Trisha Shetty (Editor)

Mitato

Updated on
Share on FacebookTweet on TwitterShare on LinkedInShare on Reddit
Covid-19
Mitato

Mitato (Greek: Μιτάτο, archaic form: μιτᾶτον or μητᾶτον, from Latin: metor, "to measure off/to pitch camp") is a term meaning "shelter" or "lodging" in Greek.

Appearing in the 6th century, during the Byzantine period it referred to an inn or trading house for foreign merchants, akin to a caravanserai. By extension, it could also refer to the legal obligation of a private citizen to billet state officials or soldiers. Alternatively, in the 10th century, Constantine Porphyrogenitus uses the term to refer to state-run ranches in Anatolia.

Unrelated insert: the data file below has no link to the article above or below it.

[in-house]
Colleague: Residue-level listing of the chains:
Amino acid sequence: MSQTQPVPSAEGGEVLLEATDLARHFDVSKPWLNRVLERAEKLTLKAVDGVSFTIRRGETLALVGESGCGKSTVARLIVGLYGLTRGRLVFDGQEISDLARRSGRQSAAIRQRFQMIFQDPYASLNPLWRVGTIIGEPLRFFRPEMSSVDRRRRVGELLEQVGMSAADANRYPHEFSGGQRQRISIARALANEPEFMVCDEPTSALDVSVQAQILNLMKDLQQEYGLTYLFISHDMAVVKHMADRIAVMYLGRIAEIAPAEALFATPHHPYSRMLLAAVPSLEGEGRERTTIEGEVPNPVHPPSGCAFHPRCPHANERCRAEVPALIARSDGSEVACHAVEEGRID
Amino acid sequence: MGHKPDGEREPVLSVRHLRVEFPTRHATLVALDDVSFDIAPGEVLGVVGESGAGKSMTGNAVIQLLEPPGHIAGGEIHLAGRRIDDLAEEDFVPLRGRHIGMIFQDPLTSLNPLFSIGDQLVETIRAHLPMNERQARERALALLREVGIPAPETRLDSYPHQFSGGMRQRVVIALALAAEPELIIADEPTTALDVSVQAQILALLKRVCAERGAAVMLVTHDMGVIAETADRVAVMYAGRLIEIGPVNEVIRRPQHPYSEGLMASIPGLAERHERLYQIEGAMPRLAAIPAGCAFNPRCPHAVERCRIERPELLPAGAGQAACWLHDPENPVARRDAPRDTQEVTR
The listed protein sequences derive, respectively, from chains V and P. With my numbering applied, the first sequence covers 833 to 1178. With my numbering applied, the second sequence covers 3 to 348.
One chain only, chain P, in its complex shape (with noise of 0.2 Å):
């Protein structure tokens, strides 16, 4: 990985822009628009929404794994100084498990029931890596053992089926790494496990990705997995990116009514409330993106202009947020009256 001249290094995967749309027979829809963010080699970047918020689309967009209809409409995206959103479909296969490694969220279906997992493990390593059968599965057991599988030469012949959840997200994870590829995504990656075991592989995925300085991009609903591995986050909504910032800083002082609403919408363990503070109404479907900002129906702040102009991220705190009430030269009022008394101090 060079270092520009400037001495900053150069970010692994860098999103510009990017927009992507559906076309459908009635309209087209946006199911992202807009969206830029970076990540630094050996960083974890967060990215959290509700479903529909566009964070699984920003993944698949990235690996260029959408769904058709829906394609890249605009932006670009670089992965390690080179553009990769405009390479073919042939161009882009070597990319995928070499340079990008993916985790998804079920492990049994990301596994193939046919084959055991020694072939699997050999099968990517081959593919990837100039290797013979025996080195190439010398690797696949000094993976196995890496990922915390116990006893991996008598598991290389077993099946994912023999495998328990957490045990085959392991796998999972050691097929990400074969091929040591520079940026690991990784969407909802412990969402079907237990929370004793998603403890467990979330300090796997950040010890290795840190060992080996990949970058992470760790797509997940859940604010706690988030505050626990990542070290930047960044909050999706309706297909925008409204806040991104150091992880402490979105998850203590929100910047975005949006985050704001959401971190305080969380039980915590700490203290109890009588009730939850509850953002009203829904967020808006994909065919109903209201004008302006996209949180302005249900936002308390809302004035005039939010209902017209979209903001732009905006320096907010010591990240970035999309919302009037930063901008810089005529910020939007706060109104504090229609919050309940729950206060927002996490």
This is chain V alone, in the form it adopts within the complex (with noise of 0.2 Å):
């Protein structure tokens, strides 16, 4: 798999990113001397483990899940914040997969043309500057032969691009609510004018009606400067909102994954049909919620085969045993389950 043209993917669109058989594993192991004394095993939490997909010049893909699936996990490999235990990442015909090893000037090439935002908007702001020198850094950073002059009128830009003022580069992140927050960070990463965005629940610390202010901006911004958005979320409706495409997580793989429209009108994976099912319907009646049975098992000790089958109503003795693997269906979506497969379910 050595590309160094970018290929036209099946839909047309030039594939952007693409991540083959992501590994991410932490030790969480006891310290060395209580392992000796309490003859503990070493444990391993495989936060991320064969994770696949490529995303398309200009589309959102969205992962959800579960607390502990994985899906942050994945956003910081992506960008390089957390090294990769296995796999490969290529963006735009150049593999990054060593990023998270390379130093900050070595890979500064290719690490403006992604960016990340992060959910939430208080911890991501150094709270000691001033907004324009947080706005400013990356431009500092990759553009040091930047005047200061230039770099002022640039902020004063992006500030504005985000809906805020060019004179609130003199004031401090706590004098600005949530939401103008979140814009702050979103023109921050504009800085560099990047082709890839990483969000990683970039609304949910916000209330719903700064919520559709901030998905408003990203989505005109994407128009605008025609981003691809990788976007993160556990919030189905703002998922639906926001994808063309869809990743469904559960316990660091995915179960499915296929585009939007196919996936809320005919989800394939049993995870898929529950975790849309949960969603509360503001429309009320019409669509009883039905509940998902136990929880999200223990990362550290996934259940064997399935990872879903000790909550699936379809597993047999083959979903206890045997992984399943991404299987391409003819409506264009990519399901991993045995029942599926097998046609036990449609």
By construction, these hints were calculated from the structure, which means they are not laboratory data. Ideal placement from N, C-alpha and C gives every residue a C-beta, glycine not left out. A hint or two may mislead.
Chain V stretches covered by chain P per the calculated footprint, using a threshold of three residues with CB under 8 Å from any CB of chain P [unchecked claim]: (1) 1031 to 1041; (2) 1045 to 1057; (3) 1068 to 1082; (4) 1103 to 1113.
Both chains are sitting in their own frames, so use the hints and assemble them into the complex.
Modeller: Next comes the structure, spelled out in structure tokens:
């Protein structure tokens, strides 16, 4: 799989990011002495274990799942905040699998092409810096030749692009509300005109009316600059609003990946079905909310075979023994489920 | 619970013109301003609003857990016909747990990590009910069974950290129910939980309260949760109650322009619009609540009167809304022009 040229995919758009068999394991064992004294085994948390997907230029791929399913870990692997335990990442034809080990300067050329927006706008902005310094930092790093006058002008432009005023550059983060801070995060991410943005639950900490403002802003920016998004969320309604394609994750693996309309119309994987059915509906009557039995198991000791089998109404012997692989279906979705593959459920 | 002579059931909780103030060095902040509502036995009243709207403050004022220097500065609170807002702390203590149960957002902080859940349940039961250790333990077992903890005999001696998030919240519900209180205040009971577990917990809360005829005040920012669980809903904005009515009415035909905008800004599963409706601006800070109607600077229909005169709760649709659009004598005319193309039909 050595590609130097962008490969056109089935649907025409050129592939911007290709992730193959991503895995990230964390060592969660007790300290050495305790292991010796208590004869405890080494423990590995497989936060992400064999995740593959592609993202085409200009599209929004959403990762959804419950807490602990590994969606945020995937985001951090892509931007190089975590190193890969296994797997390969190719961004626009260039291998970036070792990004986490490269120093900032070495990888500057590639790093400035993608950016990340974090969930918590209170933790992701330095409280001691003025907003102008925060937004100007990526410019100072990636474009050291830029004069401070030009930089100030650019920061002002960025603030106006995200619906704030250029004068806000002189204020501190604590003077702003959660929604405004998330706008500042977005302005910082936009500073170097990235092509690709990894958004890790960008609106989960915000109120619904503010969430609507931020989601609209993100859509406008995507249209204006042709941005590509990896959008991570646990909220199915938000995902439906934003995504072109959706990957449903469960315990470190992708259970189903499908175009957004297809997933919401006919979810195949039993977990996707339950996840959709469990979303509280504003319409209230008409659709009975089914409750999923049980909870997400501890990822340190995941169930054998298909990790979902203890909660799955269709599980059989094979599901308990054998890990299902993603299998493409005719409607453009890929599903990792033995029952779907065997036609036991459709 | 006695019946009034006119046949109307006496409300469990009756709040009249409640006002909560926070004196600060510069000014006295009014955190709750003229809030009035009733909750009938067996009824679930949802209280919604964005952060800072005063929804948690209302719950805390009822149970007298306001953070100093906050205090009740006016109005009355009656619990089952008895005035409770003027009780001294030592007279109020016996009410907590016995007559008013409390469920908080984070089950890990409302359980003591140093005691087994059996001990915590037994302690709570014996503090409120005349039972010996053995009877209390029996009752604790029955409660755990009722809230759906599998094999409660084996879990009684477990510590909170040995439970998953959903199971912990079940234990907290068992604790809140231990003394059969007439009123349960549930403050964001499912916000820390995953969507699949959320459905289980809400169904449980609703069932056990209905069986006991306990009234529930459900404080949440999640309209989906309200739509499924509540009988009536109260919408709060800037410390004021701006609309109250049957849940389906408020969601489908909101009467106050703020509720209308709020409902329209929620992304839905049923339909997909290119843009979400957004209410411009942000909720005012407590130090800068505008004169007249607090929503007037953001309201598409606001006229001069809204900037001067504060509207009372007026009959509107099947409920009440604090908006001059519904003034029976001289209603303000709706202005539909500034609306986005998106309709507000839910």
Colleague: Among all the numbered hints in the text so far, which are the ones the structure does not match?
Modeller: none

In modern Greece, and especially on the mountains of Crete, a mitato (in the plural mitata) is a hut built from locally gathered stones to provide shelter to shepherds, and is used also for cheese-making. Mount Ida (also called Mount Psiloritis) in central Crete is particularly rich in flat stones suitable for dry stone construction.

References

Mitato Wikipedia


Similar Topics
Four Sons
Tac tac
Nancy Pelosi
Topics
 
B
i
Link
H2
L